When it comes to acknowledging the wine industry’s outstanding contributors, we’re lucky here in Australia. All sorts of awards exist for sommeliers, wine brands, restaurants, winemakers and marketers. These awards usually focus on the achievements that winners have made over many great years of service, as it takes an incredible amount of time and effort from inception to completion when making wines, creating wine lists, or building loyal wine-drinking followers. There remains however, few awards that also identify and reward excellence at the other end of the spectrum – the raw talent of the new and next generation of wine professionals. Fortunately, Rory Kent, founder of both the Young Gun of Wine Awards and Wine Baptism of Fire, has created two relatively new award programs that celebrate the energy and flair of those ‘younger guns’ within our wine trade.

Now running in its eighth year, the Young Gun of Wine Award showcases some of the very best young winemaking talent from across all states and wine regions. Previous winners have gone on to establish cult-like status for their respective wine labels, including Pete Schnell (Spinifex) and Taras Ochota (Ochota Barrels). This year’s top gong was awarded to Barossa Valley producer Fraser McKinley: the talented, intuitive maker of the deeply seductive and expressive Sami-Odi wines.

Perhaps the less serious and more fun-inspired of the two awards Kent is credited with creating is his Wine Baptism of Fire. “(It’s) a competition to produce a wine by people who have never professionally produced a wine before – which almost makes it a competition without being competitive,” explains Kent. It basically involves forming six teams, each consisting of two people from all different professions (whether they be a barista, barmen, graphic designer or journo) and teaming them up with a winemaking “mentor” (i.e. an actual winemaker with years of experience) whose job is to guide and offer insight, but not to physically make the wine.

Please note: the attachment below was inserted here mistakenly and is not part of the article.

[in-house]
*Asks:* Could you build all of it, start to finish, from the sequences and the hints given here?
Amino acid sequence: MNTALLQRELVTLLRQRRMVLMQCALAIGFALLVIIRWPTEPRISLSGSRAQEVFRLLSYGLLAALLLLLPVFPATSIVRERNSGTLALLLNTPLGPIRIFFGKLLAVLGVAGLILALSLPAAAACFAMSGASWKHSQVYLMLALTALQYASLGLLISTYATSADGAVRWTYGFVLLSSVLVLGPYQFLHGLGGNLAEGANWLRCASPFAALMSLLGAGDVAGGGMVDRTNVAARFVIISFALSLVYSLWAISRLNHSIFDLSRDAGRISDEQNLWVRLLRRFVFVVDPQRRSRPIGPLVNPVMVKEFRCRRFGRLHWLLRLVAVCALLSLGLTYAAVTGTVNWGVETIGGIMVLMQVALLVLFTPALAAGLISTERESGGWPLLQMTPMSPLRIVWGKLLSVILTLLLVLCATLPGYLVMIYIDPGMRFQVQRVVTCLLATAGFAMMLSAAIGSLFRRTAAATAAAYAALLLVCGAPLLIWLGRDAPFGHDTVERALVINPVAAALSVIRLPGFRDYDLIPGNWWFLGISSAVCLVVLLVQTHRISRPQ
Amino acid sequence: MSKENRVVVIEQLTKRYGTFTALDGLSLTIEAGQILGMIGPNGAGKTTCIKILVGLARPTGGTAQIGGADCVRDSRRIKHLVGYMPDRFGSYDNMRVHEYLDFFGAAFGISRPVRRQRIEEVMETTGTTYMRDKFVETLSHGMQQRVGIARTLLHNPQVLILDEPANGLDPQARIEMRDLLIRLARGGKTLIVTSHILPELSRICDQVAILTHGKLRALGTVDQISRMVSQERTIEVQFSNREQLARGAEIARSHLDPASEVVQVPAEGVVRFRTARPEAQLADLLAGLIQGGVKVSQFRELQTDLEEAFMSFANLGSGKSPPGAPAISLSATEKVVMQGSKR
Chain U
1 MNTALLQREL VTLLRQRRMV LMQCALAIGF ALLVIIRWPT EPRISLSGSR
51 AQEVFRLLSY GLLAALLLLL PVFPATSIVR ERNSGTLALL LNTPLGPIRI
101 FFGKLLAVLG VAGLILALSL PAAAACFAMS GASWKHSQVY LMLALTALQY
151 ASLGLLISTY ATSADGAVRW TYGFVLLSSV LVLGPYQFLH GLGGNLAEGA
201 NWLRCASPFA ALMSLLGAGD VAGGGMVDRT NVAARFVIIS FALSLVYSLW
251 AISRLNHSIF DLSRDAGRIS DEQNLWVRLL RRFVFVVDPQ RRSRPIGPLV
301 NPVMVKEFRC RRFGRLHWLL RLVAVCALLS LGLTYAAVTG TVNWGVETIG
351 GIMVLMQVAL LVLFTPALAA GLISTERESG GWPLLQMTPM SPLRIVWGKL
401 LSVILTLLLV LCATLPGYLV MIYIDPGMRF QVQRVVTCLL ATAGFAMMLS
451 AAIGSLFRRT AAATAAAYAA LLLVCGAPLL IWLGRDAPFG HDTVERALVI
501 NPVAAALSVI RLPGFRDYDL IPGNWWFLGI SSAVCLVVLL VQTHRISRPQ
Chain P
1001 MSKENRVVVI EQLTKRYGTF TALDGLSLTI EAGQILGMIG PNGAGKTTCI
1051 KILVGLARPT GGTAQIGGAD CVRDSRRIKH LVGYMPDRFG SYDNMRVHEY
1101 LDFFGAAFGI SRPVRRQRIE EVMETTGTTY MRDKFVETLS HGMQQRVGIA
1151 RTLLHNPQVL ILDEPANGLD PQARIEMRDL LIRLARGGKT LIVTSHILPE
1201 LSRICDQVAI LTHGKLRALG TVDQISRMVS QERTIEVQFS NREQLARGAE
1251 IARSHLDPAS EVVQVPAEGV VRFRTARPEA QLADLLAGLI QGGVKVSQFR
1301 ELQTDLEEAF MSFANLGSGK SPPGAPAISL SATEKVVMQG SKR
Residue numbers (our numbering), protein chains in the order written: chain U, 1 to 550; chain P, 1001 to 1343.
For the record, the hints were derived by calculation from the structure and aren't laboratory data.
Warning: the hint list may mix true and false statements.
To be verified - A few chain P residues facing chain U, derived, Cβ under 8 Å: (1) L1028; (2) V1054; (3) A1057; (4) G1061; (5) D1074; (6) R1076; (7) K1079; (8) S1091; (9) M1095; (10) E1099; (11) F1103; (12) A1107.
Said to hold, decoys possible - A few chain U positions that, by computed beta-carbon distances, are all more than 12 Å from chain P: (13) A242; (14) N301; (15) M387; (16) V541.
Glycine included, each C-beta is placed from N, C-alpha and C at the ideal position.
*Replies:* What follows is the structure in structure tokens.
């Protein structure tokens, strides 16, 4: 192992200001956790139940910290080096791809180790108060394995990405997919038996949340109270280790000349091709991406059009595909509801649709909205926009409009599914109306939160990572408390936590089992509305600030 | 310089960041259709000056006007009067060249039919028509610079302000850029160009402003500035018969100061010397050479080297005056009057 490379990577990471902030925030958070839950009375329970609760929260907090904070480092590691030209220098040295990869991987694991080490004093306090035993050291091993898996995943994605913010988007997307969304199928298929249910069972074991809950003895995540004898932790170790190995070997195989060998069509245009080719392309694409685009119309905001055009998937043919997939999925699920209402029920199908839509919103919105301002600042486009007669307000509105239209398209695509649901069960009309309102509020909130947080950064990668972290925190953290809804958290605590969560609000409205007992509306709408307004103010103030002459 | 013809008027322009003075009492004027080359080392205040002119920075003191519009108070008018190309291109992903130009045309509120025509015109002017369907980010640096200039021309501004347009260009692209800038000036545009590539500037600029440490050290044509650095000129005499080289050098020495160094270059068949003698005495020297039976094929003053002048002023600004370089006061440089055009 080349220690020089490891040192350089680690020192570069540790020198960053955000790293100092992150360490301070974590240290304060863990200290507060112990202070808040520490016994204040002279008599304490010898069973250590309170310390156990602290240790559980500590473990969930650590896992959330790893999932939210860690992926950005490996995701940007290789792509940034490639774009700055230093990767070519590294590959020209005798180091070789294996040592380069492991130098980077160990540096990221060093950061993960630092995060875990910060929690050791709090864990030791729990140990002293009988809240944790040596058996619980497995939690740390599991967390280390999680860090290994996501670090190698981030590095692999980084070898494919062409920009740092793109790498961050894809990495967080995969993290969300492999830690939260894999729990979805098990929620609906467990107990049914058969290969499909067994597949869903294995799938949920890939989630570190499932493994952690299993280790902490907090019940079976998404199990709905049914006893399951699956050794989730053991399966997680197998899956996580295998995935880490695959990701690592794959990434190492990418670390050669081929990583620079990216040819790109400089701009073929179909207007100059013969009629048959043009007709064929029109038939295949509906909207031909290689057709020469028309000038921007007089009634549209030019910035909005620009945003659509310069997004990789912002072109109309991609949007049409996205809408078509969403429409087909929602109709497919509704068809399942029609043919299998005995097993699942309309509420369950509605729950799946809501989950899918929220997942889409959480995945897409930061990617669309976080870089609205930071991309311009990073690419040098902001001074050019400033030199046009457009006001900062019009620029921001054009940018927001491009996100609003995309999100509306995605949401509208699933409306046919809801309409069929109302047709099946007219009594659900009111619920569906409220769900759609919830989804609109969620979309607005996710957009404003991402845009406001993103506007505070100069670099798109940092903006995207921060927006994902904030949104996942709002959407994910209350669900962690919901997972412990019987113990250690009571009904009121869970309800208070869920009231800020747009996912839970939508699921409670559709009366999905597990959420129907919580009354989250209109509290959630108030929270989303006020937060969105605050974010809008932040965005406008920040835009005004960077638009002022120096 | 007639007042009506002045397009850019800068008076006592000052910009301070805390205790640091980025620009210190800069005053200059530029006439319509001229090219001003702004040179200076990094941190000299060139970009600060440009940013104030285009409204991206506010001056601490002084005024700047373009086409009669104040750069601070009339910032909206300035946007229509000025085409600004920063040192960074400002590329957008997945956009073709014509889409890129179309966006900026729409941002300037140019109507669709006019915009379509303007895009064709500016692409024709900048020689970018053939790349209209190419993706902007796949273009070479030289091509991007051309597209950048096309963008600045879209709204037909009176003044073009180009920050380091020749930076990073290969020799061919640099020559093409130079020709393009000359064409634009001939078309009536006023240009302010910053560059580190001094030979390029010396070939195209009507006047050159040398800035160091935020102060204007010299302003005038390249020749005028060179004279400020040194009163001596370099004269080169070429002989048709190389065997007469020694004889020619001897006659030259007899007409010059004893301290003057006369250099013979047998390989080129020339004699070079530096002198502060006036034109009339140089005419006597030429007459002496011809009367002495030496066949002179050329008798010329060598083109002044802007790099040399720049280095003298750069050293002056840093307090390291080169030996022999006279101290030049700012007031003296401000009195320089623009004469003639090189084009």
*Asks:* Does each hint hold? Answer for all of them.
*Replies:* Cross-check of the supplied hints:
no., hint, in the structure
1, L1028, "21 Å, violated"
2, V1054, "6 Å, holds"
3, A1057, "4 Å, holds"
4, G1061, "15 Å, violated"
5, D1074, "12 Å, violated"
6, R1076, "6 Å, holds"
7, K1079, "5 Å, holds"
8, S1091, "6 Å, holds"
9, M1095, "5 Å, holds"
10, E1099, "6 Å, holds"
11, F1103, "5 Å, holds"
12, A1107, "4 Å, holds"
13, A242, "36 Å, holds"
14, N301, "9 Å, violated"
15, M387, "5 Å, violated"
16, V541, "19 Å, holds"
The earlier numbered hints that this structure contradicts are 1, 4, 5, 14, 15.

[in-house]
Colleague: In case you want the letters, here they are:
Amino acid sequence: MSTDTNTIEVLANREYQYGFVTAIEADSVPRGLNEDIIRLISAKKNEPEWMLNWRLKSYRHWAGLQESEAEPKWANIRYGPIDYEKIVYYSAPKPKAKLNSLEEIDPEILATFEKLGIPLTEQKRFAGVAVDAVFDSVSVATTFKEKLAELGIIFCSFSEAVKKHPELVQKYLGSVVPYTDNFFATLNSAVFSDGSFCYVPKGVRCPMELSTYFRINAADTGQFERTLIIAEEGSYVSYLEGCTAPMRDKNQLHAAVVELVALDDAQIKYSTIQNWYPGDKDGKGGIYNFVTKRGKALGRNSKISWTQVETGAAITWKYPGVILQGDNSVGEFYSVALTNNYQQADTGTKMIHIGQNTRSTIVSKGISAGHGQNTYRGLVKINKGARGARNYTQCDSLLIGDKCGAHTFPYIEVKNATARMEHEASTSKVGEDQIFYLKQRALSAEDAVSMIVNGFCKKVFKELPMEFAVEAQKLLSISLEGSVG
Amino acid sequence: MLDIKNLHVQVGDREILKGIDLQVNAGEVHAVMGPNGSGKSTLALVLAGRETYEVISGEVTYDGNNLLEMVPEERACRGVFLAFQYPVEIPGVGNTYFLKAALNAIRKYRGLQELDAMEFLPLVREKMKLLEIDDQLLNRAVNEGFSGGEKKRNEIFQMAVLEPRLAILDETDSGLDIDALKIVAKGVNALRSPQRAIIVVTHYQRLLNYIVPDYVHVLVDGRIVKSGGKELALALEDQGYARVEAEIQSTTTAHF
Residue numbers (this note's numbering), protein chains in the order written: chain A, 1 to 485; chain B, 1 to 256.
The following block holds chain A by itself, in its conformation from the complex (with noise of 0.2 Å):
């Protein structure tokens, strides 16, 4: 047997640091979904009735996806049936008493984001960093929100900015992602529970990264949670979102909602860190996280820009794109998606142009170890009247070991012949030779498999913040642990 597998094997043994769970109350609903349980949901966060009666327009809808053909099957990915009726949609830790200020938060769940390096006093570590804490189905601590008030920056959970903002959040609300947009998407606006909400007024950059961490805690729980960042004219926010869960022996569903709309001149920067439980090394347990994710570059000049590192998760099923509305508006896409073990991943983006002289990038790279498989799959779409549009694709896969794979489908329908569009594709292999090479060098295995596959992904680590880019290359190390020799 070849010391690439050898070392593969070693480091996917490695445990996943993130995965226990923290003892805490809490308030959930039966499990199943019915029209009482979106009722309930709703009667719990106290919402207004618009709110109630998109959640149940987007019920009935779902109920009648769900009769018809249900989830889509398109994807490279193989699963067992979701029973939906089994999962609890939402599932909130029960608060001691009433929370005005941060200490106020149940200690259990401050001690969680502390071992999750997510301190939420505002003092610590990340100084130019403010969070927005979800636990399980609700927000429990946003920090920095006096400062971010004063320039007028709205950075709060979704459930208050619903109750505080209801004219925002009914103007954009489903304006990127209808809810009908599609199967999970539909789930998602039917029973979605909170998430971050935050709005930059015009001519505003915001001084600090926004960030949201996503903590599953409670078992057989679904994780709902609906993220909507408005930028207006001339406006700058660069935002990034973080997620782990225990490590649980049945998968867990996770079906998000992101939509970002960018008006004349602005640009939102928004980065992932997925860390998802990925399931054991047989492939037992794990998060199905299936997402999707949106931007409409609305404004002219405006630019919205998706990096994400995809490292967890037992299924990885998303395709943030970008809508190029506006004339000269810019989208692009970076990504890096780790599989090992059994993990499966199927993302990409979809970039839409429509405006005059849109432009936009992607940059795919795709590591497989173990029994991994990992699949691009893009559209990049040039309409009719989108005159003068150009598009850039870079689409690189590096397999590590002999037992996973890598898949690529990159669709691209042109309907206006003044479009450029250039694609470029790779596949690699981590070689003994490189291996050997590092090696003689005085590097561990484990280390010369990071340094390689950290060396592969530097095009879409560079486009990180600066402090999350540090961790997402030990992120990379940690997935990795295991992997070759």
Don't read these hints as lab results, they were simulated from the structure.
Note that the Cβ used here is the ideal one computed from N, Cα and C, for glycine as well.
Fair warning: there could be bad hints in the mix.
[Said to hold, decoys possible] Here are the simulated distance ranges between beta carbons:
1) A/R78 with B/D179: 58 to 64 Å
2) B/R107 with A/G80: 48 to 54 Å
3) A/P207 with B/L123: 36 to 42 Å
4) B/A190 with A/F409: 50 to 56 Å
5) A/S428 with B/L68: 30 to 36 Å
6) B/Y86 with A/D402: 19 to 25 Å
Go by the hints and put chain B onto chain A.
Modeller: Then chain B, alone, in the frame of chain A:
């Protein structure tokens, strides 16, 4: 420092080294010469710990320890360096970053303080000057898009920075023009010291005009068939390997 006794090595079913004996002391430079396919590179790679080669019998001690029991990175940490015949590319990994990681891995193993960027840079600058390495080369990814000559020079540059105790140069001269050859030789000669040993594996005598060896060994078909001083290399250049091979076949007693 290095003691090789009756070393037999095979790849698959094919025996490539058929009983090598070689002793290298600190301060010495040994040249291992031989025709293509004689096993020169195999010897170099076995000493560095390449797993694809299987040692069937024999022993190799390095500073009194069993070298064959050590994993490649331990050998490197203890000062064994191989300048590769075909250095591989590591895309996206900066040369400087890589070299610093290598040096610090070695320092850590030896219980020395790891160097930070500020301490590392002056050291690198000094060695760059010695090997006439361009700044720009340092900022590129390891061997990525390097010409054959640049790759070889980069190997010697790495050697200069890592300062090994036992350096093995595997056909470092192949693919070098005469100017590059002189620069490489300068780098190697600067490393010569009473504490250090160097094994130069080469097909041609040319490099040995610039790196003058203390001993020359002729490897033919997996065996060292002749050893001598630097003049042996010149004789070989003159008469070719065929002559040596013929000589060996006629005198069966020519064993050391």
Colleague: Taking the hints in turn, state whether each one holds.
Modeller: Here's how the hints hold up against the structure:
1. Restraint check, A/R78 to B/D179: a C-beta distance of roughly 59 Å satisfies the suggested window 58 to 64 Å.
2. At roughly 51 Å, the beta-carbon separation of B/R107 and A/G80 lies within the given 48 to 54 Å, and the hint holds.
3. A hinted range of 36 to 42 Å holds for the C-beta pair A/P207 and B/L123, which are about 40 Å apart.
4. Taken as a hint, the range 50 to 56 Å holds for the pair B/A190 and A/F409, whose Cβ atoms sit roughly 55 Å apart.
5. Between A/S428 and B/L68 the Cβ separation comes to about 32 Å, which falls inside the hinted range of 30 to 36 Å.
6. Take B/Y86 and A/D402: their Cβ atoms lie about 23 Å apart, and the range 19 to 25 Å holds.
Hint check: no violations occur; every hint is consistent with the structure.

Each team is given a small batch of syrah grapes from one of three vineyards and set the task of creating anything they want from it (as long as it’s drinkable). “This ‘conversation’ between mentor and enthusiast then gives total creative control and hands-on winemaking responsibilities to the teams who are driven by gut instincts and visceral intent,” continues Kent. “It’s a journey that rewards with discovery; a true Baptism of Fire!” The labels of the six wines are almost as different and individual as the juice inside (and definitely worth a look, for anyone with a keen design eye) each reflecting the philosophy or style of the team who created the wine. But as always, there can only be one winner, and the BOF ’14 was awarded to Team Forbes for their light (but delicious) ultra cool-climate Yarra Valley syrah. The team consisted of Meg Power and Jacqueline Turner from Bellota Wine Bar, with the invaluable help from their talented mentor, Mac Forbes.

Both awards are celebrated in conjunction each year, with the night of nights held this time round at Cellar Bar below the Newmarket Hotel, St Kilda. Keeping with the theme of their infamous Schnitz ‘n’ Tits nights, one award was even presented by two nude fellow wine folk. “(It) gave an excuse for us to have naked people on stage …because who would ever dare think of naked people presenting trophies at a wine awards ceremony,” explains Rory. “And in one way I think we have to go over the edge to make wine un-stuffy and fun sometimes."

You can taste or buy some of the Baptism of Fire wines from some of Melbourne’s leading wine shops, bars and restaurants, including Prince Wine Store, Gertrude Street Enoteca, La Chinesca and Pei Modern.

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